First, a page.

In February 2005 the first field experiment, the Bodele Dust Experiment or BoDEx 2005, was carried out in the Bodele Depression. The experiment measured the surface winds and near surface winds, dust concentrations and the influence of dust on the radiation budget in the Bodele Depression for the first time. This work coincided with a major dust emission event during which the Bodele Low Level Jet sustained surface wind speeds of around 16 m/s. The core of the Bodele Low Level Jet was also mapped for the first time from the wind data and was shown to undergo a very marked diurnal cycle with peak winds occurring mid morning. During night time, the Bodele Low Level Jet flows over a near-surface inversion but quickly mixes down to the surface a few hours after sunrise once the intense surface heating induces turbulence in the lowest layers.
Dust from the Bodele may be seen as a simple coincidence of two key requirements for deflation: strong surface winds and erodible sediment. But recent research has argued that long-term links exist between topography, wind, deflation and dust and that topography acts as the controlling agent ensuring the long term maintenance of this source. The spatial co-location of strong winds and dust is not simply fortuitous but results from a set of processes. Specifically:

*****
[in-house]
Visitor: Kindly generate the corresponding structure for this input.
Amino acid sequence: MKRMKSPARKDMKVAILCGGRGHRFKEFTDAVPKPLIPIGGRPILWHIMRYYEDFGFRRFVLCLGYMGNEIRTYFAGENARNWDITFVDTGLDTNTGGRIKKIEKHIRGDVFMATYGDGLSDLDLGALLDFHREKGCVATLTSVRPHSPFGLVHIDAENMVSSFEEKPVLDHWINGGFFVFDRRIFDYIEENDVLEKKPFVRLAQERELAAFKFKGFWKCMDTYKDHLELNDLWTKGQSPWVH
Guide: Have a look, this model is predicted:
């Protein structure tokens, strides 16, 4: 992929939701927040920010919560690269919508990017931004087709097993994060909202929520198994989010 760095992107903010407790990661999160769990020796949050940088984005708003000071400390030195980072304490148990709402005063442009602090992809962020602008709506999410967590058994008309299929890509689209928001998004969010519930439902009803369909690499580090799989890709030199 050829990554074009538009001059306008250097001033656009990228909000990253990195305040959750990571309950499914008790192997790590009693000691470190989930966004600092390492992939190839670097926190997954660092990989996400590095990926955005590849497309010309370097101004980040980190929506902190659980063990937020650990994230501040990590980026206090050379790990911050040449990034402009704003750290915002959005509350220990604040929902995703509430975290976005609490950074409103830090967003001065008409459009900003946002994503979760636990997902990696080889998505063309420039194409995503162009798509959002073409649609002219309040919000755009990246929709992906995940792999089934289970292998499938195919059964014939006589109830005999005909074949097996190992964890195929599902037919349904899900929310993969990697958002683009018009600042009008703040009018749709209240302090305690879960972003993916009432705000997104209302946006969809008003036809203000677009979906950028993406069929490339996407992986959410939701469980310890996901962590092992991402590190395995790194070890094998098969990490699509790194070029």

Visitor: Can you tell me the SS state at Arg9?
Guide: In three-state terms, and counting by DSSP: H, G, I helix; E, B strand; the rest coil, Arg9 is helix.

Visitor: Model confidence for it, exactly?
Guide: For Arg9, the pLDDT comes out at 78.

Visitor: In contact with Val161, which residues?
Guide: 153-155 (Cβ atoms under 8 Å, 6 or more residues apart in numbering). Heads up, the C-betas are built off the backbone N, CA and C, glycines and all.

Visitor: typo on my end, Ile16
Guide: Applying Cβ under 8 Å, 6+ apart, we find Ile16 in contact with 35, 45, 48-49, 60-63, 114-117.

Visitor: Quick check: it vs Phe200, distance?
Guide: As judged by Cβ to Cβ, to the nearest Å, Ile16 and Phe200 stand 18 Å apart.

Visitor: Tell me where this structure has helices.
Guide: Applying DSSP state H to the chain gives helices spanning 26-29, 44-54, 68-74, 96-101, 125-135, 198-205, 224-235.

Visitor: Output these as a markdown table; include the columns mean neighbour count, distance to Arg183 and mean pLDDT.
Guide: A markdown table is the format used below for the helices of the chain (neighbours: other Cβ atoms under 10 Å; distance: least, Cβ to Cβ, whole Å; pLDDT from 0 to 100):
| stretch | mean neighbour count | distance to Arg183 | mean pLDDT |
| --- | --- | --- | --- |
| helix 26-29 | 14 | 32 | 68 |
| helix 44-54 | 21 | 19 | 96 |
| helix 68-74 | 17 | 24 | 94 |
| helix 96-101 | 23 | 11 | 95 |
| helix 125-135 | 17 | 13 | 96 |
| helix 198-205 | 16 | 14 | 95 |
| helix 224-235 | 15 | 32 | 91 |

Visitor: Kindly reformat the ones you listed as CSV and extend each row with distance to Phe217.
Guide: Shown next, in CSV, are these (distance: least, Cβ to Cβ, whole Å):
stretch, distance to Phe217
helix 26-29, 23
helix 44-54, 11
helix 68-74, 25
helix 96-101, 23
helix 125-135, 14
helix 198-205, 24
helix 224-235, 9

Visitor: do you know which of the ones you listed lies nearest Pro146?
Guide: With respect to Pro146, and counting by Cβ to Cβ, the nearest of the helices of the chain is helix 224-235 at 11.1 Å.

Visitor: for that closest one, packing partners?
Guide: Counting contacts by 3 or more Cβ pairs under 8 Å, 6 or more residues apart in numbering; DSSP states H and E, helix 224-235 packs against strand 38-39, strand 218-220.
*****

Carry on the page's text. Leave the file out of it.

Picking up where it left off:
- Contemporary deflation from the Bodele is delineated by topography such that wind stress, the maximum in dust output and the topographic depression are colocated.
- The topography of the Tibesti and Ennedi Mountains plays a key role in the generation of the Bodele Low Level Jet.
- Enhanced deflation from a stronger Bodele Low Level Jet during drier phases, such as the Last Glacial Maximum was probably sufficient to create or enhance a shallow lake populated by diatoms during wetter phases, such as the Holocene pluvial.
Wind conditions which deflate the erodible sediment now may have created the depression necessary for generating the erodible diatomite in the past. Instead of a simple coincidence of nature, the world’s largest source results from a system of processes operating over paleo timescales.
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Scientific American Feb 2012 Swept from Africa to the Amazon